27 Jun Nature’s Calling
More than a decade after its founding, the Tahoe Institute for Natural Science remains steadfast in its mission to encourage conservation through education and outreach
Just past the break of dawn in early May, Will Richardson is in the parking lot of Aspen Grove in Incline Village, preparing to lead a group of birdwatchers into the woods. Coming from Truckee, Reno, Carnelian Bay—and even as far away as Oregon—each member of our party is equipped with binoculars and a healthy dose of curiosity about Tahoe’s natural world.
As the group makes its way through the forest and over Third Creek, a myriad of juncos, siskins, chickadees, woodpeckers and warbling vireos stop, snack, sing, poop and rest in the trees. Meanwhile, Richardson, executive director of the
Tahoe Institute for Natural Science, explains the different behaviors and sounds of the birds, sometimes adding humorous commentary about how they act, look and interact with each other.
In an hour’s time, we’ve spied at least 10 distinct species of feathery residents, leaving everyone buzzing with newfound knowledge and appreciation for Tahoe’s fauna.
Seeing the glowing expressions on our faces, Richardson can’t help but smile. After all, helping the public connect to nature in the beautiful setting of Lake Tahoe is one of the primary objectives of the Tahoe Institute for Natural Science, which Richardson has spearheaded for the past 13 years.
“One of the greatest joys for me is sharing interesting natural history information and seeing folks have an ‘a-ha’ moment, because the natural world is so incredibly amazing, and it’s amazing in ways that are all around us but that we don’t necessarily see,” says Richardson. “We are definitely broadening perspectives, opening eyes and providing people with new and deeper contexts for living as part of a natural world, and in the Tahoe region more specifically.”
A Need for Nature
Richardson fell in love with nature at a young age.
Growing up in suburban Chicago next to a vacant wooded lot, he regularly explored the outdoors, often coming home covered in dirt and spider bites, as his mother recalls. In high school, he spotted an indigo bunting in the wild—the same bird that appeared on the cover of a field guide he owned since his Cub Scout days—and had a revelation: What else had he been missing when out in nature? He started visiting local forest preserves, paying closer attention to what he observed.
After earning a degree in environmental studies from University of Vermont, Richardson moved west in 1994 to work with the Point Reyes Bird Observatory on the Northern California coast, banding birds in the summers and counting seals, dragonflies, butterflies and white sharks on the Farallon Islands in the fall. In the winter, he’d head up to Tahoe to ski.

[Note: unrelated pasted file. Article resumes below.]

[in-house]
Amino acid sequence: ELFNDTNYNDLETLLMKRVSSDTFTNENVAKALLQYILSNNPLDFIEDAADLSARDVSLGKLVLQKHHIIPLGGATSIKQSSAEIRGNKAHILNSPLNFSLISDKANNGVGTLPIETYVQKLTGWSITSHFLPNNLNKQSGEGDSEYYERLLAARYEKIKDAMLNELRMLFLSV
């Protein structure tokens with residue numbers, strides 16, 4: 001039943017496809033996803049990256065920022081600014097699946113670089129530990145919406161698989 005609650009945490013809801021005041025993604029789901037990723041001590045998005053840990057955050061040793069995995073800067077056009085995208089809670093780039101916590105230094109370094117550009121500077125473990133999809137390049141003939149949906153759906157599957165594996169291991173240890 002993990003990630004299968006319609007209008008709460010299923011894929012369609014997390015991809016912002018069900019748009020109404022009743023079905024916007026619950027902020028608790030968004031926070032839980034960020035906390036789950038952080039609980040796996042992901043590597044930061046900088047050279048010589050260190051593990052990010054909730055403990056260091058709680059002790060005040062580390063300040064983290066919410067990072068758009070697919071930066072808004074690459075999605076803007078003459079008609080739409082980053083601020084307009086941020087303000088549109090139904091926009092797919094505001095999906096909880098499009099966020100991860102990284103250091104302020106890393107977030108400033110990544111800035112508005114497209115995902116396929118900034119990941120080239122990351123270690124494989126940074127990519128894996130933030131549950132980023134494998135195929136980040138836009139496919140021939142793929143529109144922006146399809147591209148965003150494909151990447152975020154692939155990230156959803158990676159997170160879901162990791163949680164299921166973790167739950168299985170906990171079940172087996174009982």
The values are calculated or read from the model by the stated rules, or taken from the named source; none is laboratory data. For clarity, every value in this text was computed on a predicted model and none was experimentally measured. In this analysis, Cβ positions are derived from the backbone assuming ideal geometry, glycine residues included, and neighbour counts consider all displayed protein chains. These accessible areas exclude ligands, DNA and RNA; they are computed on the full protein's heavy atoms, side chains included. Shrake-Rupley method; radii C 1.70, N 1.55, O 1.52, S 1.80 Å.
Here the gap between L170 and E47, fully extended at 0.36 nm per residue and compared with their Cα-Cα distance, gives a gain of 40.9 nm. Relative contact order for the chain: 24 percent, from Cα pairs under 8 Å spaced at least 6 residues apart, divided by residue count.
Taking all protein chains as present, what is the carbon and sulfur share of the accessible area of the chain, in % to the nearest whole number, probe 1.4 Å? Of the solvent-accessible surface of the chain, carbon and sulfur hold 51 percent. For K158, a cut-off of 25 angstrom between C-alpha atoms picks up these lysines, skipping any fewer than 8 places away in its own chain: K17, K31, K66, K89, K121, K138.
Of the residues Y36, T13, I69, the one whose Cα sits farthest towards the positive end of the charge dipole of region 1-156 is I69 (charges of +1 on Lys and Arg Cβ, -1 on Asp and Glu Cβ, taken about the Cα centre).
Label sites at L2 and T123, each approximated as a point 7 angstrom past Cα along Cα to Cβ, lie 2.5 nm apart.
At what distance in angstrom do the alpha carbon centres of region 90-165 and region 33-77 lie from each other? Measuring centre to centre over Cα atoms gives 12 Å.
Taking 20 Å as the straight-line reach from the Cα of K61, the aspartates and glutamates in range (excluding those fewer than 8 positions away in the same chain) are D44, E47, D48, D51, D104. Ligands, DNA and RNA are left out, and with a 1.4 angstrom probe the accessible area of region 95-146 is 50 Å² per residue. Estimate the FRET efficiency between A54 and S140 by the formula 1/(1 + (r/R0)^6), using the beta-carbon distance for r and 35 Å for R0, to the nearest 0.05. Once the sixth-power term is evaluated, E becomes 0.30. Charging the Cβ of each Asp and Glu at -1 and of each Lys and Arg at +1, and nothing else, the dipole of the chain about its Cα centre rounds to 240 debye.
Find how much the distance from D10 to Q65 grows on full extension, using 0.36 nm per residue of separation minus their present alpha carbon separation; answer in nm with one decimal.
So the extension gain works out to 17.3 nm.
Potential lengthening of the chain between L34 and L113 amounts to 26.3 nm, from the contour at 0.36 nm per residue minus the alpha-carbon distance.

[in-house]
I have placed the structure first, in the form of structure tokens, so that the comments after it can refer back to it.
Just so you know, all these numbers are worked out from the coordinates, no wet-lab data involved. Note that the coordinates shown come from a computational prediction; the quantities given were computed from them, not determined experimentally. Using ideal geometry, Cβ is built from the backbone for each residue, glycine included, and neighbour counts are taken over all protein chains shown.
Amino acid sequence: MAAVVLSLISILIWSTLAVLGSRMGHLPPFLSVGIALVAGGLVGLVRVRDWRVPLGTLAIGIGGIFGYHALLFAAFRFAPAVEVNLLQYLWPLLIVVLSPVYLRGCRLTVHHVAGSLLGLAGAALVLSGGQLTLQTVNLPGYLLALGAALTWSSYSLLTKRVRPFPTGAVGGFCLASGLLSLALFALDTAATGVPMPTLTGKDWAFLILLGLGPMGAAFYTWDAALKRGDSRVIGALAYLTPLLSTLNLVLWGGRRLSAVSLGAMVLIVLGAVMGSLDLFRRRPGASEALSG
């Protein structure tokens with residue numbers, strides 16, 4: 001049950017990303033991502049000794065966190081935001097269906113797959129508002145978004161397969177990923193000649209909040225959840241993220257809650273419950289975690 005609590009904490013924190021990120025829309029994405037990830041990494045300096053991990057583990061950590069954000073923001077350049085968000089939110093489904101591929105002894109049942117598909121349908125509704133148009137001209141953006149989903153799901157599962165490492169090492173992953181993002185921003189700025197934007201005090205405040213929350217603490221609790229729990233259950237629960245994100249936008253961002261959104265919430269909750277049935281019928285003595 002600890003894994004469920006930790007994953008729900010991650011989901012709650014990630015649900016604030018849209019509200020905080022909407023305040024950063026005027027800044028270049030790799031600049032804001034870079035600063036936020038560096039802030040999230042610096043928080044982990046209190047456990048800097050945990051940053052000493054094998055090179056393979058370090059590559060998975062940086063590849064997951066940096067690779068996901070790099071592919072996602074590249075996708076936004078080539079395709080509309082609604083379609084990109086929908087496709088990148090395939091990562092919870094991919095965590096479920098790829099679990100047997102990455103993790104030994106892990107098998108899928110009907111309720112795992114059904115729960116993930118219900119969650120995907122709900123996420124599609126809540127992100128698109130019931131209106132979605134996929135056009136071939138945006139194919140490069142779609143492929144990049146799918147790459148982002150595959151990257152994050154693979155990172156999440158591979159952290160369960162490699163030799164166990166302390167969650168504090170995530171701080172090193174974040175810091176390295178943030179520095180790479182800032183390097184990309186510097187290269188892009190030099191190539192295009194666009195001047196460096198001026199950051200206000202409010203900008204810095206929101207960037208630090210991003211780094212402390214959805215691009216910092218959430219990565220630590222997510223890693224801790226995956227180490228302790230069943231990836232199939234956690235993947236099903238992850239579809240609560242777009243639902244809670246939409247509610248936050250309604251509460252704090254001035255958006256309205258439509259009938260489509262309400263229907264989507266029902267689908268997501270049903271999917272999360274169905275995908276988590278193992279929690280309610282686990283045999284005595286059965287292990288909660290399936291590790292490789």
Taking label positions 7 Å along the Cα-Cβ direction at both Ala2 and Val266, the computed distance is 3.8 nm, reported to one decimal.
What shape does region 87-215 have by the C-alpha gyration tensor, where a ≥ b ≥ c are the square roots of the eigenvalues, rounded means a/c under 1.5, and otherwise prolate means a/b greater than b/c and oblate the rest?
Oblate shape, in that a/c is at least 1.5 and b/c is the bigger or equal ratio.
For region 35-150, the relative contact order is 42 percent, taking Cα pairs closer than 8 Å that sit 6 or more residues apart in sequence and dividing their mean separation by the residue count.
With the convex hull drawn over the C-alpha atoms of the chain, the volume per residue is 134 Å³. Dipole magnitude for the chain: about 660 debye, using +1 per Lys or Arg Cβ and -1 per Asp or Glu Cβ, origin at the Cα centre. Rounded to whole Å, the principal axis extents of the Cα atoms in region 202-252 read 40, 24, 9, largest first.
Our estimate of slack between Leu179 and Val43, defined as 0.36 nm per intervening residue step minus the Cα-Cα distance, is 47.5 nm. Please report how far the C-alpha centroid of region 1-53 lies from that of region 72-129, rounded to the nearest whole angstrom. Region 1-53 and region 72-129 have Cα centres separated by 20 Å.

Richardson repeated this cycle for several years before deciding to make the Truckee–Tahoe area his permanent home in 2001. He soon realized what his new residence was missing: An institution that could educate the public about the flora and fauna of the Tahoe Basin.
“I noticed there were a lot of visitors here but no good interpretation center, and everyone seems to want to connect to nature when they’re here,” says Richardson, who went on to earn a PhD in ecology, evolution and conservation biology from University of Nevada, Reno. “Even when you’re here to go skiing, mountain biking, hiking or just be in the outdoors, you’re still in the context of nature. At the very least, everybody wants a pretty view of the lake, even folks coming for the casinos.”
So, along with Kirk Hardie, Richardson co-founded the Tahoe Institute for Natural Science (TINS) in 2010, with a goal to one day open a natural history interpretation center that serves as a must-stop on a Tahoe vacation—much like the Monterey Bay Aquarium on California’s central coast.
“I’d been thinking about creating an organization like TINS since the late 1990s, but I knew I couldn’t do it alone,” says Richardson, who met Hardie while attending University of Nevada, Reno. “Kirk is a very experienced and passionate environmental educator and had already been working in the Tahoe area and was tapped into the network of existing environmental education organizations here. He also had a lot of prior experience in the nonprofit world.”
What began as a humble grassroots effort launched by two friends has evolved to become a thriving, member-supported nonprofit organization with a mission of “advancing the natural history, conservation and ecosystem knowledge of the Tahoe region through science, education and outreach,” according to TINS, which also conducts grant-based research.